The COVID-19 pandemic has brought devastation to millions around the world, disrupting many parts of the global economy. The world will be drilling a big hole in the boat they are travelling in if they do not compel the Europe and America Governments, to lift the sanctions against Zimbabwe. If Zimbabwe is not allowed to do it’s part in making the world a better place then the world is not doing anything in fighting the effects of the climate change. climate change will continue and it will ultimately threaten life on earth and on those imposing sanctions on Zimbabwe.
As countries begin to recover from the Coronavirus pandemic, the must take the historic opportunity to tackle climate change at the same time – to build back better, and greener world where every nation can participate without impediments caused by sanctions. For Zimbabwe to compete with the world in delivering green recoveries across the globe that will bring in good jobs, trillions in investment and ground-breaking new technology it needs to be removed from sanctions.
The journey is already underway. The world is moving towards a low- carbon future and this needs money so it becomes imperative to remove the sanctions and allow Zimbabwe to make a difference. Clean energy, like wind and solar, is now the cheapest source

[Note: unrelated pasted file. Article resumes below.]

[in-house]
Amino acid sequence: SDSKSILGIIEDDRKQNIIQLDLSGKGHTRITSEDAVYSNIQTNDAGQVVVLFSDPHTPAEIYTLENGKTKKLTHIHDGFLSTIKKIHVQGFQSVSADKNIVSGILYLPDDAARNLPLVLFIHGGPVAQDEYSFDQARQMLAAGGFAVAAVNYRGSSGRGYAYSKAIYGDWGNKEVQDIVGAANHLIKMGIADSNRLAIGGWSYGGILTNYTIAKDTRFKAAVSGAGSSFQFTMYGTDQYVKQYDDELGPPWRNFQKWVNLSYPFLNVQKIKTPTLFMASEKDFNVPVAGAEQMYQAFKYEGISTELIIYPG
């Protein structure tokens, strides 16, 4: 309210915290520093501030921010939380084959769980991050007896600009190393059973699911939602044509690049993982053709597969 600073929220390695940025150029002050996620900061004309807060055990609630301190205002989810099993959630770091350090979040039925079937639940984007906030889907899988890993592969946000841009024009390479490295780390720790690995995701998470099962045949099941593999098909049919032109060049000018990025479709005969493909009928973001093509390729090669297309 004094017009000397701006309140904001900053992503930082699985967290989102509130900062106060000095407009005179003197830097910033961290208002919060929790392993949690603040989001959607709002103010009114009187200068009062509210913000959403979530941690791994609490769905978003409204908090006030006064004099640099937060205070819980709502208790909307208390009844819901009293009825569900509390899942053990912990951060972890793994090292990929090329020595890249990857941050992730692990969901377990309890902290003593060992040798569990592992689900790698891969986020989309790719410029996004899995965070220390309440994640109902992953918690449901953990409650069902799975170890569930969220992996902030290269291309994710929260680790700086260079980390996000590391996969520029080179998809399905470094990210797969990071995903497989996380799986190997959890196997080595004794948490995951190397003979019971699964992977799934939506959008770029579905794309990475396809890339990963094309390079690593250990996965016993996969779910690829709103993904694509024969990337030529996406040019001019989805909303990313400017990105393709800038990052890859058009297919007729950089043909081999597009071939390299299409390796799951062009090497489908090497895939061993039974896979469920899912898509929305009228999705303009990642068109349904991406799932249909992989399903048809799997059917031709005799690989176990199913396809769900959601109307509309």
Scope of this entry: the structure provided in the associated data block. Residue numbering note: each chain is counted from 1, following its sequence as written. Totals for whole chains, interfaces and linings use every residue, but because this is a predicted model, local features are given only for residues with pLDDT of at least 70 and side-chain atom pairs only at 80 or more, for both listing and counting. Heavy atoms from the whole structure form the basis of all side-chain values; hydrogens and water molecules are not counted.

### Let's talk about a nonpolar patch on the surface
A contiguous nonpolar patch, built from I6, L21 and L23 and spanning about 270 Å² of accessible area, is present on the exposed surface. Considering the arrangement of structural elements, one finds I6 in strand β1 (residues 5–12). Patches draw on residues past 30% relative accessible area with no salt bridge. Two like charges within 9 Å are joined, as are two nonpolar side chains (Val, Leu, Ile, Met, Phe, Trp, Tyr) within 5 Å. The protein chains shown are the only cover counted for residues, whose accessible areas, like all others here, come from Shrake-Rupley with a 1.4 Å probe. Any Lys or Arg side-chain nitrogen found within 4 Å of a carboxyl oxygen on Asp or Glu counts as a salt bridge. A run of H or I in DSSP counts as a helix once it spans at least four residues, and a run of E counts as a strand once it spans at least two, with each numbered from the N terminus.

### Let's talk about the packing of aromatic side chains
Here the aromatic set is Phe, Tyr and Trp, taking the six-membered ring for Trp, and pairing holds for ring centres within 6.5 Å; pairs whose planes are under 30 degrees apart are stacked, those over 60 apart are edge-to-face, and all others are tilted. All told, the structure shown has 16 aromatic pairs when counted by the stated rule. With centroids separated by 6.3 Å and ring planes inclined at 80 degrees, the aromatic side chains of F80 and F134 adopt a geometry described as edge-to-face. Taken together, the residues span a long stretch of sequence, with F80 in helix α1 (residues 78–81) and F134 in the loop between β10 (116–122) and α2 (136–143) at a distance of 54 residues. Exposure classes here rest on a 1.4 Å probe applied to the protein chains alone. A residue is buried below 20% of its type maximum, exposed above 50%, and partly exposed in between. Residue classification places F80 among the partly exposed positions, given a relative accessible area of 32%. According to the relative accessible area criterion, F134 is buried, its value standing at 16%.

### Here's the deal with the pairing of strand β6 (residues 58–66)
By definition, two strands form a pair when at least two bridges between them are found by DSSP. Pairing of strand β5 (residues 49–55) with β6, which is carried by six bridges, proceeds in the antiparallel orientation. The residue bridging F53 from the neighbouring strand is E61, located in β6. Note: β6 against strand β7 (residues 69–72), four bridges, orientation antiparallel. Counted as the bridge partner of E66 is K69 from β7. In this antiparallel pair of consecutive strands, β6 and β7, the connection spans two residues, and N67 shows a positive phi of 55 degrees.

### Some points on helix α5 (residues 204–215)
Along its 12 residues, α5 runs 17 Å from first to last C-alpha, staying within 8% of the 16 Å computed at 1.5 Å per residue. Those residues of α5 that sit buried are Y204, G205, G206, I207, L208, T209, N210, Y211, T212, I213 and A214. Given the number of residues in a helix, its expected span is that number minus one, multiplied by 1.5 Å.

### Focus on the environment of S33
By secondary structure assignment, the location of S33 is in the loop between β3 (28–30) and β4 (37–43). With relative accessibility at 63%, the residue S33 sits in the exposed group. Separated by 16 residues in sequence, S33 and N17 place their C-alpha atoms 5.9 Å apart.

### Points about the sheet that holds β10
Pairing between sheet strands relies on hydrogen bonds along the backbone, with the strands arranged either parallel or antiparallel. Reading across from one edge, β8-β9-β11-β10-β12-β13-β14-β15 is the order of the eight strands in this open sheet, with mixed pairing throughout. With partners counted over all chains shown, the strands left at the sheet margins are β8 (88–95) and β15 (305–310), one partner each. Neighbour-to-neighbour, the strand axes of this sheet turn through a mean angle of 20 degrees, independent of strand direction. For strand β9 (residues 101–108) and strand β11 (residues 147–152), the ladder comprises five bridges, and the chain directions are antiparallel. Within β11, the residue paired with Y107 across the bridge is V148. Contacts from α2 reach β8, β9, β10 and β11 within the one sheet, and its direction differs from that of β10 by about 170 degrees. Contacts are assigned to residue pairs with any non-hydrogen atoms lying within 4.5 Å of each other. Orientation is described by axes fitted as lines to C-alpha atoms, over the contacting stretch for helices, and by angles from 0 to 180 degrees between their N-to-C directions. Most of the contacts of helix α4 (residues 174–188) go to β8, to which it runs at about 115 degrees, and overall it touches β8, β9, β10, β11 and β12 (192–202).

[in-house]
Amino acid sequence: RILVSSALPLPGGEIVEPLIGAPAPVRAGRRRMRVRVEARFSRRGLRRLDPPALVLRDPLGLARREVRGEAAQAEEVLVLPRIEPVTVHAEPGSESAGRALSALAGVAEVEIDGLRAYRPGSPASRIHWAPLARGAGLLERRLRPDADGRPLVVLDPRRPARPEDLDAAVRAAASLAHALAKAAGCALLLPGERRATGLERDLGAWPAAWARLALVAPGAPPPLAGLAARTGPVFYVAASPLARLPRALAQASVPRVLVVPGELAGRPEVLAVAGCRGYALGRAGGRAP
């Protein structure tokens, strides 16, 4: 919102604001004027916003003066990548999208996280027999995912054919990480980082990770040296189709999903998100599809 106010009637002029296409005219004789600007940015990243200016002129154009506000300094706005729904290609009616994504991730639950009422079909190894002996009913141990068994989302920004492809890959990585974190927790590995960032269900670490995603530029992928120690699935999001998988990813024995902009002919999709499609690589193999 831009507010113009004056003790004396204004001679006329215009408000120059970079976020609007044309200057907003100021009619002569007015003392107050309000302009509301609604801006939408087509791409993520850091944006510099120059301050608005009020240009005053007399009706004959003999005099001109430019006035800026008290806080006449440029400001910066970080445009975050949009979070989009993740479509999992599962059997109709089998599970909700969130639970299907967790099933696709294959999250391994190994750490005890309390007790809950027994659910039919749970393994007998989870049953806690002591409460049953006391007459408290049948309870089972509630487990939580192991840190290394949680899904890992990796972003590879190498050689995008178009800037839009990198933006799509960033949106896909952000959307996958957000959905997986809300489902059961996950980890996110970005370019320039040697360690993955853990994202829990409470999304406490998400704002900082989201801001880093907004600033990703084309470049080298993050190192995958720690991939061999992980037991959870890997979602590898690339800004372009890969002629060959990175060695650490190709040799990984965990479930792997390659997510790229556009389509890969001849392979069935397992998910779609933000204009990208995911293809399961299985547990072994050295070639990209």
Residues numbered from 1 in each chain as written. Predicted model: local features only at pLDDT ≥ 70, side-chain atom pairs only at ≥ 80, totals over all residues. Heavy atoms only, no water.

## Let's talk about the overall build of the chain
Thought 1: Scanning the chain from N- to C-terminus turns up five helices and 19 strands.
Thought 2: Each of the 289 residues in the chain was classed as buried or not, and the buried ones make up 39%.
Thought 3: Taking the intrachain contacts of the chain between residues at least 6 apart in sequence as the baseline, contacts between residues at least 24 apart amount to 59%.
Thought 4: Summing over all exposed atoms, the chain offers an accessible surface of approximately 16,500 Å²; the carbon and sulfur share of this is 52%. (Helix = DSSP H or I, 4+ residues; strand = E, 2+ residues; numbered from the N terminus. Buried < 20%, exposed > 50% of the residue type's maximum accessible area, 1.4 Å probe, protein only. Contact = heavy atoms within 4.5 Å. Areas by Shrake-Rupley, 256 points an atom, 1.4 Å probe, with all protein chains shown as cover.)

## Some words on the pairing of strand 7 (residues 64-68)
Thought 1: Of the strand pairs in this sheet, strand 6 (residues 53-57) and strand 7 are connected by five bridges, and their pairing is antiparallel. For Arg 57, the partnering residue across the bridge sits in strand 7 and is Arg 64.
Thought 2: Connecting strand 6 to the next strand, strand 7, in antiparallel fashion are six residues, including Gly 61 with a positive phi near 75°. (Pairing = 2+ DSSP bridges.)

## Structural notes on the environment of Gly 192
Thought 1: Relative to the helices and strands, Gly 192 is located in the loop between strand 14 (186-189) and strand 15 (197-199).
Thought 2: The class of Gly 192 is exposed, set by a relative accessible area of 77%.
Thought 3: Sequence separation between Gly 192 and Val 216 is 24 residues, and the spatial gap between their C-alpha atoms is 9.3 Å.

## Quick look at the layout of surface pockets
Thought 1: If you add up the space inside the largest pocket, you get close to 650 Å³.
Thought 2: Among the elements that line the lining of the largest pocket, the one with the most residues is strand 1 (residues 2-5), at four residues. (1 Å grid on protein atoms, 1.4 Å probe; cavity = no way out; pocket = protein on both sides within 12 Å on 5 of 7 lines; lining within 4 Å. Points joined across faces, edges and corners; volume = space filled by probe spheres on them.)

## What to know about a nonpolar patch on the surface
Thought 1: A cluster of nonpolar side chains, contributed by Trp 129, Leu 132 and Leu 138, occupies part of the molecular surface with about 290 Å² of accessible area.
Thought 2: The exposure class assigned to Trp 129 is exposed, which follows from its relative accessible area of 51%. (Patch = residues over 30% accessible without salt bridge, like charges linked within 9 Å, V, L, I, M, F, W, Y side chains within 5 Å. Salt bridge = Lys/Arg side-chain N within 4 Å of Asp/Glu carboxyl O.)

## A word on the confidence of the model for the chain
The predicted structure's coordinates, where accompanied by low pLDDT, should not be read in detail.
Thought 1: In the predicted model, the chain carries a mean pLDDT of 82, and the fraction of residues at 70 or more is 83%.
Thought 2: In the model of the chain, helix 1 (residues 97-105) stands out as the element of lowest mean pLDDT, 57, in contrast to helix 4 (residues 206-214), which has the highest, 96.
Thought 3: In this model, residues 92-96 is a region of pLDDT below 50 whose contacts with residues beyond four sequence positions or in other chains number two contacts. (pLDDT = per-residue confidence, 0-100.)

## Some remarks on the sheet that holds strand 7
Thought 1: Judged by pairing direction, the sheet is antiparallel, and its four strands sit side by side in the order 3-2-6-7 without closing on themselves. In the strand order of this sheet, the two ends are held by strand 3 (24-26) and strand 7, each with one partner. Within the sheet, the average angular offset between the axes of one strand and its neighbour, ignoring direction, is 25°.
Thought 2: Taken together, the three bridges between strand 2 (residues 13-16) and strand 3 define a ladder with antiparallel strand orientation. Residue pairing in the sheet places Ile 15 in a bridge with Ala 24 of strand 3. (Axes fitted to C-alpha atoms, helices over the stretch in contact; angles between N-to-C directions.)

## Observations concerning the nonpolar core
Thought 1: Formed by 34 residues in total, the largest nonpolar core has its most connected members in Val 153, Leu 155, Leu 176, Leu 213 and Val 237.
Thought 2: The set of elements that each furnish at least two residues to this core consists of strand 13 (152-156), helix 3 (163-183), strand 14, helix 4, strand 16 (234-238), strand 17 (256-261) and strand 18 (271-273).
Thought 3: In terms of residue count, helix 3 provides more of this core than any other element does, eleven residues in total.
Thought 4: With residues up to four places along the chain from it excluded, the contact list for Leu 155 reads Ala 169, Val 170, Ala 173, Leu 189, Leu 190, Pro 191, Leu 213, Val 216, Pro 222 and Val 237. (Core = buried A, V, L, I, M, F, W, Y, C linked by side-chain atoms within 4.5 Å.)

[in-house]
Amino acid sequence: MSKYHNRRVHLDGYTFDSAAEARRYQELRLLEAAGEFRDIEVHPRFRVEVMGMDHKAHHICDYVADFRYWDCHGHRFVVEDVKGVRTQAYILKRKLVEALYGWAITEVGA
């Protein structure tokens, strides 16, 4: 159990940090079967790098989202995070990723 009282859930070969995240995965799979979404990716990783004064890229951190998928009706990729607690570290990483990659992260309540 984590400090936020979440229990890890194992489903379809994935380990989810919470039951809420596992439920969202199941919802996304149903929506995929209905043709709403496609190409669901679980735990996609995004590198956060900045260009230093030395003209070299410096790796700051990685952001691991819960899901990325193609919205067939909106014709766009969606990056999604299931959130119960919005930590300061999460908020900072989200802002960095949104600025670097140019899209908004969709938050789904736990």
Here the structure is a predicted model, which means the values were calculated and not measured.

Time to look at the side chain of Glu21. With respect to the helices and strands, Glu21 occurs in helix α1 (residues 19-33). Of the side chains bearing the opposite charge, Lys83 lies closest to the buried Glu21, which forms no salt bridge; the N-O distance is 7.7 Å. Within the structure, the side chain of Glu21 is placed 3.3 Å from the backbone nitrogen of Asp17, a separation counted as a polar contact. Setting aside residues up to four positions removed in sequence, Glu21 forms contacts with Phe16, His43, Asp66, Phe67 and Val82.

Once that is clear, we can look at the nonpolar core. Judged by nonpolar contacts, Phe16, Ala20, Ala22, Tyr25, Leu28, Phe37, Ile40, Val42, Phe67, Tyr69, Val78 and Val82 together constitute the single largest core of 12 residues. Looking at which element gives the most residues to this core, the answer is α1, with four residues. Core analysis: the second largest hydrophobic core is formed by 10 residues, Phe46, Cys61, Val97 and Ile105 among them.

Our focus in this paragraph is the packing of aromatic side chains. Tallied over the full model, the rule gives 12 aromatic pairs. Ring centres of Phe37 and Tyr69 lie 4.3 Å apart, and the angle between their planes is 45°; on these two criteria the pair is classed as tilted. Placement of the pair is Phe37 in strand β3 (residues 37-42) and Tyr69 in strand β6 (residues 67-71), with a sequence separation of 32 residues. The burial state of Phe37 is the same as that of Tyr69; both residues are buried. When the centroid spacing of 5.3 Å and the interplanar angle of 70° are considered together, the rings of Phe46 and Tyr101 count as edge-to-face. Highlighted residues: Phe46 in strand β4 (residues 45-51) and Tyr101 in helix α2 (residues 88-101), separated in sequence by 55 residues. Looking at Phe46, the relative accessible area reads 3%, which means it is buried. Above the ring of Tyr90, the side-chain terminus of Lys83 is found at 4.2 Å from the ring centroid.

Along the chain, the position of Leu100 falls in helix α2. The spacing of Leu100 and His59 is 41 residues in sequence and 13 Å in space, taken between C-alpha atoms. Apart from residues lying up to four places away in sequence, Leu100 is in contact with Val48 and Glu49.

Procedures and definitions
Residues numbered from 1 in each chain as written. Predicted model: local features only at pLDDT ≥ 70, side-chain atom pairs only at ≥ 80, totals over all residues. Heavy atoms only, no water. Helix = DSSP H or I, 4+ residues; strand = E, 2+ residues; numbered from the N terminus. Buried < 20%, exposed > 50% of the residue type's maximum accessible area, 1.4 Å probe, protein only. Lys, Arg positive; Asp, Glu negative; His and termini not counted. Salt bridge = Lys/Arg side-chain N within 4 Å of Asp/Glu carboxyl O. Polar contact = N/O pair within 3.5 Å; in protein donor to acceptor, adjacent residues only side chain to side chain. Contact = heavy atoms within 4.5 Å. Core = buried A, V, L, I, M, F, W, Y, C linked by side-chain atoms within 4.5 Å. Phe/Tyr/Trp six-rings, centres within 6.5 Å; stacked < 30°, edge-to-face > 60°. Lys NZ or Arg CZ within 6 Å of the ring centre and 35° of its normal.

of electricity in most countries; many of the world’s car makers are shifting to make only electric and hybrid models; countries around the world are starting important work to protect and restore nature; cities, states and regions across the world are also committing to reduce emissions to zero, Zimbabwe can do more if it is given a free space to manoeuvre.
The president said “For Zimbabwe, we feel the impact of climate change more than others. Our temperatures have risen by approximately 2 degrees Celsius over the past century – which has seen a significant increase in extreme weather.
“In the past two decades alone, we have had to deal with 10 droughts. If the world doesn’t step up, we will see jobs lost, livelihoods destroyed, and people will lose their lives.
“That is something we must avoid and why Zimbabwe is coming to the table with ambitious plans to tackle climate change,” he said.
The Zimbabwean leader in September also warned that thousands of Zimbabweans would lose their jobs, and even their lives, if climate change was allowed to continue at the current pace.
He said then that COP26 should be about action and the fulfillment of decisions of the past, while concrete financial support was essential to combat climate change beyond mere rhetoric. If the world is transparent about the risks and opportunities that climate change, and the shift to a net zero economy pose to their business they must compel the removal of sanctions to have maximum support of every member state without problems. In order to make sure that Zimbabwe’s financial systems can withstand the impacts of climate change and support the transition to net zero it must be removed from the sanctions. It also means banks, insurers, investors and other financial firms committing to ensuring their investments and lending is aligned with net zero and not being intimidated by sanctions.